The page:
Even Bernie Sanders Doesn't Like Kelo:

Even Congress's "lone self-described socialist, Rep. Bernard Sanders of Vermont" doesn't like Kelo:

I disagree with the Supreme Court's decision in Kelo v. New London," Mr. Sanders said. "I believe that the result of this decision will be that working families and poor people will see their property turned over to corporate interests and wealthy developers."

Rep. Maxine Waters, "California Democrat and member of the Congressional Black Caucus, said she is 'outraged' by the decision. 'It's the most un-American thing that can be done.'"

And when is the last time those two agreed with Tom DeLay?

"The Supreme Court voted last week to undo private property rights and to empower governments to kick people out of their homes and give them to someone else because they feel like it," said House Majority Leader Tom DeLay, Texas Republican. "No court that denies property rights will long respect and recognize other basic human rights."

The Washington Post describes the legislation, co-sponsored by conservative James Sensenbrenner and liberal John Conyers in its story, curiously titled "House Votes To Undercut High Court On Property"

The House measure, which passed 231 to 189, would deny federal funds to any city or state project that used eminent domain to force people to sell their property to make way for a profit-making project such as a hotel or mall. Historically, eminent domain has been used mainly for public purposes such as highways or airports.

The measure, an amendment to an appropriations bill, would apply to funds administered by the departments of Transportation, Treasury, and Housing and Urban Development. House Majority Leader Tom DeLay (R-Tex.) and Majority Whip Roy Blunt (R-Mo.) said they will push for a more inclusive measure that would apply to all federal funds.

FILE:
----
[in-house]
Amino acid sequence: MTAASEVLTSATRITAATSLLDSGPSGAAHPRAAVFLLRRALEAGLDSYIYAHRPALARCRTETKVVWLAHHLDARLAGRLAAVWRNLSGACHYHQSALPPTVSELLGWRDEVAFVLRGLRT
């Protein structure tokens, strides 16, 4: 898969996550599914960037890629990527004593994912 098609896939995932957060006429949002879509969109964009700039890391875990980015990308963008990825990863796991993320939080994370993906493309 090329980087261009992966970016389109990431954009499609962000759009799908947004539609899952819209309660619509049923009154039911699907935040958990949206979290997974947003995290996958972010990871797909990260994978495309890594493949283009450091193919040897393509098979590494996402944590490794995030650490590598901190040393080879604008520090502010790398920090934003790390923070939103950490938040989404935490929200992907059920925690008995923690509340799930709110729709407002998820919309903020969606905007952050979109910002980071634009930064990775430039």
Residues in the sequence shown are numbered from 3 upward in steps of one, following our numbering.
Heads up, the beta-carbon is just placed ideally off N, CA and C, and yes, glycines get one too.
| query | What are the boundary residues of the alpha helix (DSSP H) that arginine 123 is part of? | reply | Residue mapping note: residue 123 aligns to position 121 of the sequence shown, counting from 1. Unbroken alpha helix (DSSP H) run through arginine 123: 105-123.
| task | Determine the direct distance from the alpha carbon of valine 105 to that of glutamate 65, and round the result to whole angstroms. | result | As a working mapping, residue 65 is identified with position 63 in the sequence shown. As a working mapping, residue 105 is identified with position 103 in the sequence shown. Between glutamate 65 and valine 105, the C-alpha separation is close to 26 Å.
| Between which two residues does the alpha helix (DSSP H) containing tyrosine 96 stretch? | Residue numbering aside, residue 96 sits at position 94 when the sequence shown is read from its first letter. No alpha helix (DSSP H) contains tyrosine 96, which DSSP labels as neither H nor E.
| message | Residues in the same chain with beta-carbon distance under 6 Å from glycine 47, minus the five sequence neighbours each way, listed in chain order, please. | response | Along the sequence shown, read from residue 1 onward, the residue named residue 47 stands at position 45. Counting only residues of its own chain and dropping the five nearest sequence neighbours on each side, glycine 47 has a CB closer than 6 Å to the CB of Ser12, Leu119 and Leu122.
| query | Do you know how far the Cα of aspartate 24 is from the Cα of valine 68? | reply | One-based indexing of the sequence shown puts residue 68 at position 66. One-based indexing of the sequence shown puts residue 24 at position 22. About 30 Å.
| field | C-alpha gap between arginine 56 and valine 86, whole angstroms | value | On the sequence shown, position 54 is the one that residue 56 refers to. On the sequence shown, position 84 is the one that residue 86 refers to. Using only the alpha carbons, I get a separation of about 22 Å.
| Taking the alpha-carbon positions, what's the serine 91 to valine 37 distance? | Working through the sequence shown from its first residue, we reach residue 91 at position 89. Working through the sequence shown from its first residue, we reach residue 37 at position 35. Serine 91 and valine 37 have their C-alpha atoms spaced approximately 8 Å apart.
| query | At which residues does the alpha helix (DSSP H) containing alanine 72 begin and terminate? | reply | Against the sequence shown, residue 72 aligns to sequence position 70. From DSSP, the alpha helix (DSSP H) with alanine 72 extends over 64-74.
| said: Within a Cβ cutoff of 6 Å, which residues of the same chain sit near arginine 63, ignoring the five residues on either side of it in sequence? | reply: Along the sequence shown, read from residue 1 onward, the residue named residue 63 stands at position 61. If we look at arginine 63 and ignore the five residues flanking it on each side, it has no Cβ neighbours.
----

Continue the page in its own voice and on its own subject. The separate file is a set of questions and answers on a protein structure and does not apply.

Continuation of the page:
A fact sheet said under the bill the locality or state would "lose any federal funds that would contribute in any way to the project the property would be taken for."

Nancy Pelosi, by contrast, agrees with the decision and opposes the legislation:

House Minority Leader Nancy Pelosi, California Democrat, said she "would oppose any legislation that says that we would withhold funds for the enforcement of any decision of the Supreme Court, no matter how opposed I am to that decision." She then added: "And I'm not saying that I'm opposed to this decision." Arguing that Congress has no business interfering with the ruling unless it wants to amend the Constitution, Mrs. Pelosi said: "This is almost as if God has spoken."

So how about a constitutional amendment that makes it clear as to the limits of the emininent domain power along these lines--"nor shall private property be taken for public use without just compensation."

What amendment do we need--change the type font to italicize the words "public use"?

[In light of the Supreme Court's recent religion cases, the irony inherent in Congresswoman Pelosi's characterization of the Supreme Court's ruling in Kelo as "almost as if God has spoken" is just too easy, so I'll just let the readers supply their own ironic commentary on that one.]


An even curiouser headline of the same debate from the New York Times:

Republican Lawmakers Fire Back at Judiciary